Uber, Berkshire Hathaway, and the 'Art of the Possible'

Not long ago, Uber and Airbus announced a partnership to offer on-demand helicopter services for film festivals, trips to the Hamptons and other high-end events. Whether you think the move is "bougie" or not, it's hard not to admire their innovation.

The transportation industry is shifting rapidly, from the future of driverless cars to ride sharing, and both Uber and Airbus are continuously adapting to better serve their customers. They saw an opportunity and took it, engaging with a community of customers in a new, potentially daring way. Many companies are not in the position to adapt on the fly like this—but they could be. All it takes is a shift in perspective. 

To compete successfully in today's global economy, you have to be focused on customer experience from the beginning, and that means operating with a mind-set focused on possibilities, not limits. At Bluewolf, we have an exercise we like to call the "art of the possible." While many companies operate according to a legacy mind-set, the art of the possible is about moving beyond current practices and embracing new ideas to keep pace with customers and an ever-changing business environment.

Try this little mental exercise: Take your mission statement and replace your company's name with Uber. Now, re-create your mission statement while imagining that you have all of Uber's resources at your fingertips. How does it look when you don't hold back and create a future freely and confidently? Take a step back and analyze how to achieve this reconceived mission, making note of which ideas and attitudes have to change in order to move forward.

Often, it's not that companies lack the ability to make a change, but are caught up in old ways of thinking about their business and their customers. The worst of the old ways used to be called sacred cows; things nobody dared to touch. Here's a better idea: Kill those sacred cows and barbecue up some good burgers from the remains, enjoy the meal, and then move forward. Expect some resistance, more or less depending on how fat those cows were to begin with.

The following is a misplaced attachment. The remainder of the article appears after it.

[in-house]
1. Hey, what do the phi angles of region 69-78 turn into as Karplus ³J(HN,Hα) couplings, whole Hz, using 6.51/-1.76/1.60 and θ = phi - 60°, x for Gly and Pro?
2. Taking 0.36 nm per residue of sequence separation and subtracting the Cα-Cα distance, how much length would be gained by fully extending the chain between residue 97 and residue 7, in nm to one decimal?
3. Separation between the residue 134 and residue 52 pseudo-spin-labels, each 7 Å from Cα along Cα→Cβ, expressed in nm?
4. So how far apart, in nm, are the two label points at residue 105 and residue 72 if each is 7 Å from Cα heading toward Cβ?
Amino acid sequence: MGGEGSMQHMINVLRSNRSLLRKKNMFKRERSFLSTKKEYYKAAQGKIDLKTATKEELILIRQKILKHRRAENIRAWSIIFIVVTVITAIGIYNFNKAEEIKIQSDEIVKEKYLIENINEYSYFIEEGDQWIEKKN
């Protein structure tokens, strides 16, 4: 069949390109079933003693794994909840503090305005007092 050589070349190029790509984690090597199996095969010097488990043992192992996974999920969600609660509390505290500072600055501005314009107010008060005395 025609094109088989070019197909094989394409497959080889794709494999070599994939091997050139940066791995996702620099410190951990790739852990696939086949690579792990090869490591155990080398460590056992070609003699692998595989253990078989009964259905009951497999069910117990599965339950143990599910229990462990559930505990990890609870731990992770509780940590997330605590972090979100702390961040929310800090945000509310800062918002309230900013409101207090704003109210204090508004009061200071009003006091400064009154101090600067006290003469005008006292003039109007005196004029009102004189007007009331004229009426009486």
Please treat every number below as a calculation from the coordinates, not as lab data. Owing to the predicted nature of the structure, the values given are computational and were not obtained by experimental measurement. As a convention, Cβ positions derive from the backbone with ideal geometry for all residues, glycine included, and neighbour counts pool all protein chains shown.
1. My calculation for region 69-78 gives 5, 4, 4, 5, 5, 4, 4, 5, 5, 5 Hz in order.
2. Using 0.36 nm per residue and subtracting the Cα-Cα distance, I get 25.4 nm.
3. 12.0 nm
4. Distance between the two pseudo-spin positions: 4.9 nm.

What I'm really asking of you is to challenge yourself to think about the modern customer experience. This is not a one-time, static event that you forget about next week. Customer expectations evolve rapidly based on their last, best experience. It's no longer enough to have continuous innovation—you have to provide instantaneous innovation, basically as fast as things change and change again. When you put customers first and constantly evaluate your business through their eyes, you'll be poised to adapt proactively, not reactively.

Berkshire Hathaway Travel Protection exemplifies a business model that predicted what its customers would need from them and built its customer service channel in response to those anticipated needs. The company tries to anticipate the needs of its travelers, especially when things have the potential for going wrong. BHTP’s AirCare can rebook a missed connection automatically, help replace lost luggage, and even save customers a seat in the VIP Lounge. Live service is just a tweet, text, Web chat, or call away. With the introduction of AirCare in May of 2014, BHTP became the first travel insurance company to address consumers' travel woes by offering a simple, fixed-benefit travel insurance product. It proved a business model that predicted what its customers would need from them and built its customer service channel in response to those anticipated needs.

Technology exists to enable solutions; it’s not the solution itself. To achieve a similar level of innovation, you must have the right tools. In Bluewolf's annual "The State of Salesforce Report," companies with both cloud governance and application lifecycle management (ALM) were three times more likely to attribute revenue growth and twice as likely to attribute improved customer experience to their tool usage.

The art of the possible, however, doesn't mean abandoning reality and building castles in the air. It's about being open-minded about realities and customer expectations to optimize them, not succumb to them. Then train yourself and your teams to become customer-focused and positioned for success. Constantly ask yourself: Where are my customers and opportunities right now, and where do the two meet?

The goal is to move your customers out of their current mind-sets. Sometimes this requires some persuasion; in other cases, it may involve instantaneous innovation. The idea is to help them leave behind entrenched thinking that won’t take them forward. Instead, get them moving in a path that may lead where they should be going. To do that, you want to design things that are going to meet the customers' expectations while knowing full well that those expectations will be based on their last best experience.

Still, this is not impossible; expectations evolve very rapidly. You can assist by creating experiences that are relevant and up to date. In effect, their last best experience could be the one they just had with you. That's where instantaneous innovation comes into play.

You can make outstanding experiences for your customer any time, all the time. And you should.

Eric Berridge is cofounder and CEO of global consulting agency Bluewolf. Over 15 years ago, Bluewolf pioneered cloud consulting and became Salesforce's first services partner. Today the company continues to design and build innovative digital customer and employee experiences on the Salesforce platform.

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